Single sign-on (SSO)

Single sign-on (SSO) is a process that gives users the ability to access multiple protected resources (Web pages and applications) with a single authentication.

Step Up Authentication

Step Up Authentication occurs when a user is attempting to access a resource more sensitive than ones he had already accessed in this session. To gain access to the more sensitive resource, a higher level of assurance is required. Oracle Access Management resources are graded by authentication level, which defines the relative sensitivity of a resource.

For example, if a user accesses a corporate portal home page that is defined as authentication level 3, a basic password authentication is required. The time card application that links off the portal home is more sensitive than the portal home page, so the application is defined as authentication level 4, which requires basic password and risk-based authentication provided by Oracle Adaptive Access Manager. So, if a user logs in to the portal with a valid user name and password, and then clicks the time card link, his device is fingerprinted and risk analysis determines if additional authentication, such as a challenge question, is required to allow him access.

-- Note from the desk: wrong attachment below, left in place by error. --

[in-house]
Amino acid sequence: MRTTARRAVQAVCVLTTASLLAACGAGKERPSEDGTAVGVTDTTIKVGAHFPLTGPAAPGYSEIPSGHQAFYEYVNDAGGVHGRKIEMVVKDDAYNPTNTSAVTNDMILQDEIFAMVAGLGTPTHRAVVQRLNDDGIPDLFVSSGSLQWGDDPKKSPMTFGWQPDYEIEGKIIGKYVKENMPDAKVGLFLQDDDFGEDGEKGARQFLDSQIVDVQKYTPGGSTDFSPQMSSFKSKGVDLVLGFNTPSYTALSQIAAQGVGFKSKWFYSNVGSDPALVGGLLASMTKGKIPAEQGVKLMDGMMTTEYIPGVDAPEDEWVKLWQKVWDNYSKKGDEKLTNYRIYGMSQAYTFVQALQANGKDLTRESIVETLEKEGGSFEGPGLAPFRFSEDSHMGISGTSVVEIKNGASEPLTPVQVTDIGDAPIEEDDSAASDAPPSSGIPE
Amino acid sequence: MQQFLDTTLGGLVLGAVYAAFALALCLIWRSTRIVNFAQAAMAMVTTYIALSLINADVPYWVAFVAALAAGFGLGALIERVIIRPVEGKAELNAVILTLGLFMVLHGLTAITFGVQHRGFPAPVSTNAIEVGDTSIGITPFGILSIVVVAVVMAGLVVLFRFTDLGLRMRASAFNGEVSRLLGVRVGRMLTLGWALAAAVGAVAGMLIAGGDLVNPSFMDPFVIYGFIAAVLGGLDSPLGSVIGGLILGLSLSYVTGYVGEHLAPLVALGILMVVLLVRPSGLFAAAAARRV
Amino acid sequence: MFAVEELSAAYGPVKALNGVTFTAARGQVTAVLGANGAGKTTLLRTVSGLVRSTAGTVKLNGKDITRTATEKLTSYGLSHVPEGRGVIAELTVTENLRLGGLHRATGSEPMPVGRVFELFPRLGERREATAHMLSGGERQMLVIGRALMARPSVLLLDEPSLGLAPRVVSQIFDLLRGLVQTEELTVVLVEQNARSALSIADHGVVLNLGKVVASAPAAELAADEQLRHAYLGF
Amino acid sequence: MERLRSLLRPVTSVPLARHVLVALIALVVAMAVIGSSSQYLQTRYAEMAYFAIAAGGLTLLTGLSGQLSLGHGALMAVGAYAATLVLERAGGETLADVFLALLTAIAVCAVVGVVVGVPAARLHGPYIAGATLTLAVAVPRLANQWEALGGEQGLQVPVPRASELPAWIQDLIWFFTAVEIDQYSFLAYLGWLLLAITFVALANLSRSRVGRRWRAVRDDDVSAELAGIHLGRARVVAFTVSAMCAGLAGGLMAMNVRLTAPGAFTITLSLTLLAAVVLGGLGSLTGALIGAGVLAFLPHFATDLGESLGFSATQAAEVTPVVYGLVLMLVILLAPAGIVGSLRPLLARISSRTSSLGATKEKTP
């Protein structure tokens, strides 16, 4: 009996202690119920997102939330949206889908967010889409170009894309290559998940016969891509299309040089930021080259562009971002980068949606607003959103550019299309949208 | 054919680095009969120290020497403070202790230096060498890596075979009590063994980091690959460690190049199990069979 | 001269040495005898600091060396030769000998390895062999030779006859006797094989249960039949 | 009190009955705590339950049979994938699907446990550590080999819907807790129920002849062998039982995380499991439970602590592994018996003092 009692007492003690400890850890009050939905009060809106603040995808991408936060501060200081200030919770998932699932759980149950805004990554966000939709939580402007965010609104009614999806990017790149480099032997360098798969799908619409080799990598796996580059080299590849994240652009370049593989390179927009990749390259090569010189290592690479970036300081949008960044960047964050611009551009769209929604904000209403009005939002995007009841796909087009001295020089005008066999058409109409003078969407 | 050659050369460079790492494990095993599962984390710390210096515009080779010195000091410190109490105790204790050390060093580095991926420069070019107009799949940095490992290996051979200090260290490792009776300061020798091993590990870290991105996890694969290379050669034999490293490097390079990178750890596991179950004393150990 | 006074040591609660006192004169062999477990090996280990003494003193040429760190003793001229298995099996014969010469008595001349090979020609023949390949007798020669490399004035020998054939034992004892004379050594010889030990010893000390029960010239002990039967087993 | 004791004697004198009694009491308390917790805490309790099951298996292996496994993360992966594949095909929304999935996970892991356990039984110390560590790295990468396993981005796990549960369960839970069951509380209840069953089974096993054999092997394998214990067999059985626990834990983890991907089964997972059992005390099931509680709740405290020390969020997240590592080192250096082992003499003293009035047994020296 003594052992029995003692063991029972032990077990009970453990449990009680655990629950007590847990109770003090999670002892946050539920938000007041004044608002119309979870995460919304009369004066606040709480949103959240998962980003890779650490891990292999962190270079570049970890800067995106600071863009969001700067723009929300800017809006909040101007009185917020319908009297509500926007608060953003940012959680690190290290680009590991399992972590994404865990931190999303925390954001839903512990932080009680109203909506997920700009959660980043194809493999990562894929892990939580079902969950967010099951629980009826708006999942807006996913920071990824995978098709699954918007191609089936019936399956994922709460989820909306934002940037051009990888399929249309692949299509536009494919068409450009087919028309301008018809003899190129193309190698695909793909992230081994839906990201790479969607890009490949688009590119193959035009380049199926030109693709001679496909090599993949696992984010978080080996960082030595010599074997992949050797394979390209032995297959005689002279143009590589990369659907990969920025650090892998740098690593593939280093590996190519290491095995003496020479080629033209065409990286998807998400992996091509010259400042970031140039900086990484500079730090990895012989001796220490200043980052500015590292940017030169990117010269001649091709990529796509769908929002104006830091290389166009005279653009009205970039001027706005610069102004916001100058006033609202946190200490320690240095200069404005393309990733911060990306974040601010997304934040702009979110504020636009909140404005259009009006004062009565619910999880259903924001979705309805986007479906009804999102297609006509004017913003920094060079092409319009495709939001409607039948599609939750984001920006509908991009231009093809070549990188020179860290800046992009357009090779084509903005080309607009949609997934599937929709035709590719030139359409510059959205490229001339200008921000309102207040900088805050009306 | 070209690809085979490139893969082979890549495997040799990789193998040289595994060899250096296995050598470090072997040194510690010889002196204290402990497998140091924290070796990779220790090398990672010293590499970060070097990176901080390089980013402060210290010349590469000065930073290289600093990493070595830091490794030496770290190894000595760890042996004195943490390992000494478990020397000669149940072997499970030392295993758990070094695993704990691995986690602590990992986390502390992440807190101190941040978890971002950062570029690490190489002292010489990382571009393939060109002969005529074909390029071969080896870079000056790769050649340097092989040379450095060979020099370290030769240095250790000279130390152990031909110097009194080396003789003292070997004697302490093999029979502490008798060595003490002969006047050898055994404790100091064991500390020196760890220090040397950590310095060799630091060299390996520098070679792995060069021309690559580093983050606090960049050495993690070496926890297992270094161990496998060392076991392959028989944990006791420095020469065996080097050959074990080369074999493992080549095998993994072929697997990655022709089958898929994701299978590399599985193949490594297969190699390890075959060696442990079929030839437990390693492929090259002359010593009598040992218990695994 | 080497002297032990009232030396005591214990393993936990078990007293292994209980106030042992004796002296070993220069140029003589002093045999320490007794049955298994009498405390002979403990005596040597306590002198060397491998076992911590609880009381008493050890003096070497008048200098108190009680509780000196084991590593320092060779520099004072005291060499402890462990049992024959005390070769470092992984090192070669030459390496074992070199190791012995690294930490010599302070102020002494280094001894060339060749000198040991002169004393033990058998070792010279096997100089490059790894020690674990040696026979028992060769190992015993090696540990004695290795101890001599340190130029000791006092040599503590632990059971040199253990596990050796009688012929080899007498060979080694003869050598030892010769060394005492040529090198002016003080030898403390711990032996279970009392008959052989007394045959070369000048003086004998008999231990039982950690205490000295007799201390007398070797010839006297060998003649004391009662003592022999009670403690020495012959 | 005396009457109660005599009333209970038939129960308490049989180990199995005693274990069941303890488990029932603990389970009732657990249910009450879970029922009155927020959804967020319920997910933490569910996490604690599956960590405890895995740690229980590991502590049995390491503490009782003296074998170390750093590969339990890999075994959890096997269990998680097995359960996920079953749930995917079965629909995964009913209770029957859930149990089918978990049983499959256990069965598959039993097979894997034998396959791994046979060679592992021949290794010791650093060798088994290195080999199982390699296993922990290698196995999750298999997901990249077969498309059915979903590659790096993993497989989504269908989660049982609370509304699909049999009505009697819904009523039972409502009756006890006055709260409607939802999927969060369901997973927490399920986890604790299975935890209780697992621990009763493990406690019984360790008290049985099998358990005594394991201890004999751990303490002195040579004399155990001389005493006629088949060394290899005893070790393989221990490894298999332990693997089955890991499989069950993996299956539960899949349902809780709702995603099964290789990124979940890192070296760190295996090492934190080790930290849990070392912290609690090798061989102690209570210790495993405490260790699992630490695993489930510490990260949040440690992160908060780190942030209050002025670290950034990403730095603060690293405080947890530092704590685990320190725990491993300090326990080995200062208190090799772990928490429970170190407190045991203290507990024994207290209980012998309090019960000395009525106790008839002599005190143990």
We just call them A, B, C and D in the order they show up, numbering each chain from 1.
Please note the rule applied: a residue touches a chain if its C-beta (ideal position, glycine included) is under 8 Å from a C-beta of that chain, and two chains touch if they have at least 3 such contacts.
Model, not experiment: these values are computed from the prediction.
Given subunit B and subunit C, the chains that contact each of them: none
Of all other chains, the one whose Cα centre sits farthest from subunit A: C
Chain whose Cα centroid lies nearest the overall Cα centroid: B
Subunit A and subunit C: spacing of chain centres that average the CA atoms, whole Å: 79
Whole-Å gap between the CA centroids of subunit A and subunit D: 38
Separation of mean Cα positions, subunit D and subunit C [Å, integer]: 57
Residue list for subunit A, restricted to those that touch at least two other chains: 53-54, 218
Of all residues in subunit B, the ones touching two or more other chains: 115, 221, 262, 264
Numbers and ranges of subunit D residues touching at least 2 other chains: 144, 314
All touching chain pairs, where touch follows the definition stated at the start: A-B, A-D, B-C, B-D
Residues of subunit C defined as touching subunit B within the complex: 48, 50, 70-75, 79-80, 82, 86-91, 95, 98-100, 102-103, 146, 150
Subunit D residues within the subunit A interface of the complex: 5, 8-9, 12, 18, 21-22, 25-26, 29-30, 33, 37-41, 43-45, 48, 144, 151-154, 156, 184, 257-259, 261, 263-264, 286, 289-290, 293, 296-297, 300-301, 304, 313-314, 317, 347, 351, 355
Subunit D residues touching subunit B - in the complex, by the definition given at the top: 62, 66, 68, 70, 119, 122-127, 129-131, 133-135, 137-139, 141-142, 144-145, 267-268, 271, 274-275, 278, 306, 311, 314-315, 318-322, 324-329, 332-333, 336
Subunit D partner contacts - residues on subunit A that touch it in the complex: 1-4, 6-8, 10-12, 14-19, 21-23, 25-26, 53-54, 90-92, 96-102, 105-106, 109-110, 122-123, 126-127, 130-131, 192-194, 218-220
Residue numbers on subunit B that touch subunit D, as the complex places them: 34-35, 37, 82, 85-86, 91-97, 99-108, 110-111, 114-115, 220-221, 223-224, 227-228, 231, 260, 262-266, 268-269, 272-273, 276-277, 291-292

Strong Authentication

An authentication factor is a piece of information and process used to authenticate or verify the identity of a person or other entity requesting access under security constraints. Two-factor authentication (T-FA) is a system wherein two different factors are used in conjunction to authenticate. Using two factors as opposed to one factor generally delivers a higher level of authentication assurance.

Using more than one factor is sometimes called strong authentication or multi-factor authentication.

TAP

TAP stands for Trusted authentication protocol. This is to be used, when authentication is performed by a third party and Access Manager asserts the token sent back. After asserting the token, Access Manager creates its cookie and continues the normal single-sign on flow. A trust mechanism exists between the OAM Server and the external third party which performs the authentication. In this scenario, Access Manager acts as an asserter and not authenticator.

TAPScheme